Colin Kaepernick, a quarterback for the San Francisco 49ers, has offended Americans of all races and creeds with his decision to sit through the National Anthem during the team’s first three preseason games.
Kaepernick’s shocking actions are his way of speaking out against the state of race relations in the US, and he plans to continue sitting through the National Anthem until he feels that the “flag represents what it’s supposed to represent, this country is representing people the way that it’s supposed to.”
Kaepernick is biracial with white adoptive parents. He says that he knows “there’s a lot of consequences that come along” with his actions, and he’s prepared to lose his job if it comes to that. “No one’s tried to quiet me and, to be honest, it’s not something I’m going to be quiet about,” said Kaepernick. “I’m going to speak the truth when I’m asked about it. This isn’t for looks. This isn’t for publicity or anything like that. This is for people that don’t have the voice. And this is for people that are being oppressed and need to have equal opportunities to be successful. To provide for families and not live in poor circumstances.”
Not for the publicity? Of course it’s for the publicity. If Kaepernick really wanted to help improve race relations in the United States, he would invest some of the millions he makes playing football in appropriate organizations and projects.
The NFL isn’t about the game, about the points, or about which team wins which championship; it’s about the fans. Professional sports organizations like the NFL are ultimately about providing entertainment and role models for children growing up in the United States. This petulent quarterback has become a negative role model for today’s youth, and the 49ers would do well to oust him.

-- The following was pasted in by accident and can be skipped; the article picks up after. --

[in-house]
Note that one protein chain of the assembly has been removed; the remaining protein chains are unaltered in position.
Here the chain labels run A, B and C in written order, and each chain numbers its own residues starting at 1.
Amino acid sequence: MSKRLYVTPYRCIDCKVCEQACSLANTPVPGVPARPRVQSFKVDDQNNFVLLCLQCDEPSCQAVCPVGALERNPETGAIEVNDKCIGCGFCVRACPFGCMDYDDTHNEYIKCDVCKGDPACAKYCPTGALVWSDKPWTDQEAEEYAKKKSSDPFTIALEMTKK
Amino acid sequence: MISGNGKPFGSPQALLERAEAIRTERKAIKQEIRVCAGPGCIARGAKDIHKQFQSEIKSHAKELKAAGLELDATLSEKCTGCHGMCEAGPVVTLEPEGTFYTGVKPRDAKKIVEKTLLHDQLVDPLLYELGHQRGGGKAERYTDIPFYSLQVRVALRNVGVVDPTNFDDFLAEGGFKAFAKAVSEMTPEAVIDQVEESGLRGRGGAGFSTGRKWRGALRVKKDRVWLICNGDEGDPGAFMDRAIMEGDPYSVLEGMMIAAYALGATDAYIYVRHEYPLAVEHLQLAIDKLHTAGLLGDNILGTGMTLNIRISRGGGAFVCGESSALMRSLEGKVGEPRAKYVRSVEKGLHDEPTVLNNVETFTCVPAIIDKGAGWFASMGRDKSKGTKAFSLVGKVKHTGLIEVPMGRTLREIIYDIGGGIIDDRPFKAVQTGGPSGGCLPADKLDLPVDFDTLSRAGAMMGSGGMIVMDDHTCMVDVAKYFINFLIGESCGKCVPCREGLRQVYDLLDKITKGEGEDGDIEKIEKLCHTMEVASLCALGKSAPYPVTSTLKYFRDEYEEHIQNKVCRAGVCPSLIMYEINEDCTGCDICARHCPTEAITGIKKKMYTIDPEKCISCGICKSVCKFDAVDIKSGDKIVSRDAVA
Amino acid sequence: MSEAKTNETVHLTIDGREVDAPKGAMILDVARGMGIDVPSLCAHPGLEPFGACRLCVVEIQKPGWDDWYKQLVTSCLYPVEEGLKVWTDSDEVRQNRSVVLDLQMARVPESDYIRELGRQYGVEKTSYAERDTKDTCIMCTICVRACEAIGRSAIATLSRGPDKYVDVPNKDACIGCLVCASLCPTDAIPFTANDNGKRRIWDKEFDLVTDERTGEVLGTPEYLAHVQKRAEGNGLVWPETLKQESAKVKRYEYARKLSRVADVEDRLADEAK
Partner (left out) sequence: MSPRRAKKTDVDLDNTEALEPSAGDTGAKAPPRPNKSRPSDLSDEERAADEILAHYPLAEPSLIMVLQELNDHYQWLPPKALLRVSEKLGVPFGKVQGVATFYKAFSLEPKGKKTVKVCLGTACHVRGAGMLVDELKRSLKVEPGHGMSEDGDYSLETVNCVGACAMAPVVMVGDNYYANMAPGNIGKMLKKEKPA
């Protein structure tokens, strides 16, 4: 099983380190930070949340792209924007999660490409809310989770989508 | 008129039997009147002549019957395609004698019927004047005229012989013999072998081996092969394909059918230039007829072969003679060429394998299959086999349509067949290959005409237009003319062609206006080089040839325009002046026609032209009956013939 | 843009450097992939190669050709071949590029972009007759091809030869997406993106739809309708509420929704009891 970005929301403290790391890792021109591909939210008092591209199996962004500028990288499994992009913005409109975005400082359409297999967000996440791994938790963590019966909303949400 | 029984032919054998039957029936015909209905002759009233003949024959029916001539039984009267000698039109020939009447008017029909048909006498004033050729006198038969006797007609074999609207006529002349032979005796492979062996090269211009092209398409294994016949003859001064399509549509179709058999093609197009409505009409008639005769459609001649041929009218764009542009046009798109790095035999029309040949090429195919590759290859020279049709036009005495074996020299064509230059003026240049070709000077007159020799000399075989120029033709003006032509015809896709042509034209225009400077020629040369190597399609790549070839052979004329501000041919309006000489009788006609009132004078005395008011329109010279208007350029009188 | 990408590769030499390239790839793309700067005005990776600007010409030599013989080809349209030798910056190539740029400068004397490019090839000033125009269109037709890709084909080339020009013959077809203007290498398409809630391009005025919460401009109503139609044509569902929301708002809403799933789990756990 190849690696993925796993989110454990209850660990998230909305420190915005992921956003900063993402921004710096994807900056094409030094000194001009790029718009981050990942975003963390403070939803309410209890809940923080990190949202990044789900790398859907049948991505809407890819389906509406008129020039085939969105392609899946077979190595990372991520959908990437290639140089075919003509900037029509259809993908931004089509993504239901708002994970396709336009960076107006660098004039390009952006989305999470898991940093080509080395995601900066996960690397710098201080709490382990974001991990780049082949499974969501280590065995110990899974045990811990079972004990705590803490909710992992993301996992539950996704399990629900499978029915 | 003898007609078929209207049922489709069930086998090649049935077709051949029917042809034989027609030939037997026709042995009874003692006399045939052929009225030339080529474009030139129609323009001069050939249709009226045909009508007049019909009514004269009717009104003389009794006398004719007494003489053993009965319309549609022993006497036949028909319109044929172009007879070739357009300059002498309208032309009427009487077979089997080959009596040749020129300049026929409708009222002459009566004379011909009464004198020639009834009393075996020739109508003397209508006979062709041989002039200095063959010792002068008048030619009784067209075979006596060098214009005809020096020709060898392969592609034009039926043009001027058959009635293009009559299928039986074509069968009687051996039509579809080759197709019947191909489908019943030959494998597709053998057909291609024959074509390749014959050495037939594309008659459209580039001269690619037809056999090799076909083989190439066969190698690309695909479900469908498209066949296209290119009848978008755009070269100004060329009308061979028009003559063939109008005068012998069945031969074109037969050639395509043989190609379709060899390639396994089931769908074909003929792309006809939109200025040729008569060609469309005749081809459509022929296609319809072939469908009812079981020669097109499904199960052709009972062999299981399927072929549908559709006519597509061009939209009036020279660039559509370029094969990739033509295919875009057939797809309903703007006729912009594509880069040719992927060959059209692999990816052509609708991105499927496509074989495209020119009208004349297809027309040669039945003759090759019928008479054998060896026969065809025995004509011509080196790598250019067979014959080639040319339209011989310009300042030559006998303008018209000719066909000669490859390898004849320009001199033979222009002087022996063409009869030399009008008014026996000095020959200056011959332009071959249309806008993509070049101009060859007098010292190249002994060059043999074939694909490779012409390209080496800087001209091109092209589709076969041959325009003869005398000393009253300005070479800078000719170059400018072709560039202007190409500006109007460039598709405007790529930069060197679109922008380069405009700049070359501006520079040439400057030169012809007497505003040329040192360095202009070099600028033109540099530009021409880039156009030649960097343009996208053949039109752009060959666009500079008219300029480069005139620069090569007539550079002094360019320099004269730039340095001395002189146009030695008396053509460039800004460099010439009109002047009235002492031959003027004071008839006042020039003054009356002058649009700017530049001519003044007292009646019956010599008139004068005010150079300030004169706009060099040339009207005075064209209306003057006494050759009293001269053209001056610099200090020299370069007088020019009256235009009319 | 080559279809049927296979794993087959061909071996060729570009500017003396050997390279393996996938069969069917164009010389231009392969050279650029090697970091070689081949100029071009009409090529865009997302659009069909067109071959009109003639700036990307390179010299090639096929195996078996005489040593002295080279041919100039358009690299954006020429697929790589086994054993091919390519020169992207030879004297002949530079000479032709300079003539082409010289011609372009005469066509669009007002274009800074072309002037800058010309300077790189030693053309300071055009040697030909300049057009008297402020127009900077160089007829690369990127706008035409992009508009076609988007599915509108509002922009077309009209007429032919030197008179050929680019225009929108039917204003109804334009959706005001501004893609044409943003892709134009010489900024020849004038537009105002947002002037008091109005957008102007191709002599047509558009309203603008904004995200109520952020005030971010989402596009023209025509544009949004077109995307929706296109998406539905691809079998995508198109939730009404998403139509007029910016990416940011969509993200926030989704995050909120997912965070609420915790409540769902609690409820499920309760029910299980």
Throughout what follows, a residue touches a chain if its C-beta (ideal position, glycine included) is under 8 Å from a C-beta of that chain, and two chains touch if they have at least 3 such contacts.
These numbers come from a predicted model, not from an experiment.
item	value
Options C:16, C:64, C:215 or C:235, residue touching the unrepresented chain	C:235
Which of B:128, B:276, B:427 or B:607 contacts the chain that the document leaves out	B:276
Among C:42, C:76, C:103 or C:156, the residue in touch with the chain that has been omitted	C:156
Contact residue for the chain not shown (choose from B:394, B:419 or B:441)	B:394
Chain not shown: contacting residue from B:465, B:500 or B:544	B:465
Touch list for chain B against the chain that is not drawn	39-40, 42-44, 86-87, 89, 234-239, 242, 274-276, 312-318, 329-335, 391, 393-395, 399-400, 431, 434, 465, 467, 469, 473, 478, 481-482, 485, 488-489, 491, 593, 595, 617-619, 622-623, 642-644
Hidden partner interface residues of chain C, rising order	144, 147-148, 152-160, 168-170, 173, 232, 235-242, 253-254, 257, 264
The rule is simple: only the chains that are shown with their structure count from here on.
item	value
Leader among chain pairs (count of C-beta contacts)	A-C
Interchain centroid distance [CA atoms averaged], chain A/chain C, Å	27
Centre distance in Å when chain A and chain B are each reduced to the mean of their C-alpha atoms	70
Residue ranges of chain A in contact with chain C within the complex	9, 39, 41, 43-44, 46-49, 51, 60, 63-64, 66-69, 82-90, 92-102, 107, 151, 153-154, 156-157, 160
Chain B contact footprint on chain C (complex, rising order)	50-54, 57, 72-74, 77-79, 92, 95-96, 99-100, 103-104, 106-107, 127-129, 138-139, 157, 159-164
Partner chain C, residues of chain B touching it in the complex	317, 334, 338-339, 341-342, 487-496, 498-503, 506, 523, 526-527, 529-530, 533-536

Kaepernick’s salary comes from football fans, and it is those same fans he is disrespecting by refusing to stand during the National Anthem. Some have responded by setting fire to their expensive Kaepernick jerseys and watching them burn to the tune of the National Anthem.
When interviewed, Kaepernick criticized Hillary Clinton, Donald Trump, and America’s police force. “You have become a cop in six months and don’t have to have the same amount of training as a cosmetologist,” he said. “That’s insane. Someone that’s holding a curling iron has more education and more training than people that have a gun and are going out on the street to protect us.”
“At this point, I’ve been blessed to be able to get this far and have the privilege of being able to be in the NFL, making the kind of money I make and enjoy luxuries like that. I can’t look in the mirror and see people dying on the street that should have the same opportunities that I’ve had,” he added.
Kaepernick was spotted talking with his friend Harry Edwards on Sunday, and the two shared a quick hug before he took the field. Edwards is an African-American sociologist and activist who helped organize the “Olympic Project for Human Rights,” a black power protest in 1968 when US sprinters John Carlos and Tommie Smith bowed their heads and raised gloved fists during the National Anthem as they stood on the winners’ podium.
In terms of role models, we agree with New York Giants wide receiver Victor Cruz:
“I think, personally, the flag is the flag. Regardless of how you feel about the things that are going on in America today and the things that are going on across the world with gun violence and thing like that. You’ve got to respect the flag and stand up with your teammates. It’s bigger than just you, in my opinion. I think you go up there. You’re with your team, and you pledge your allegiance to the flag and the national anthem as a team, and then you go about your business, whatever your beliefs are.”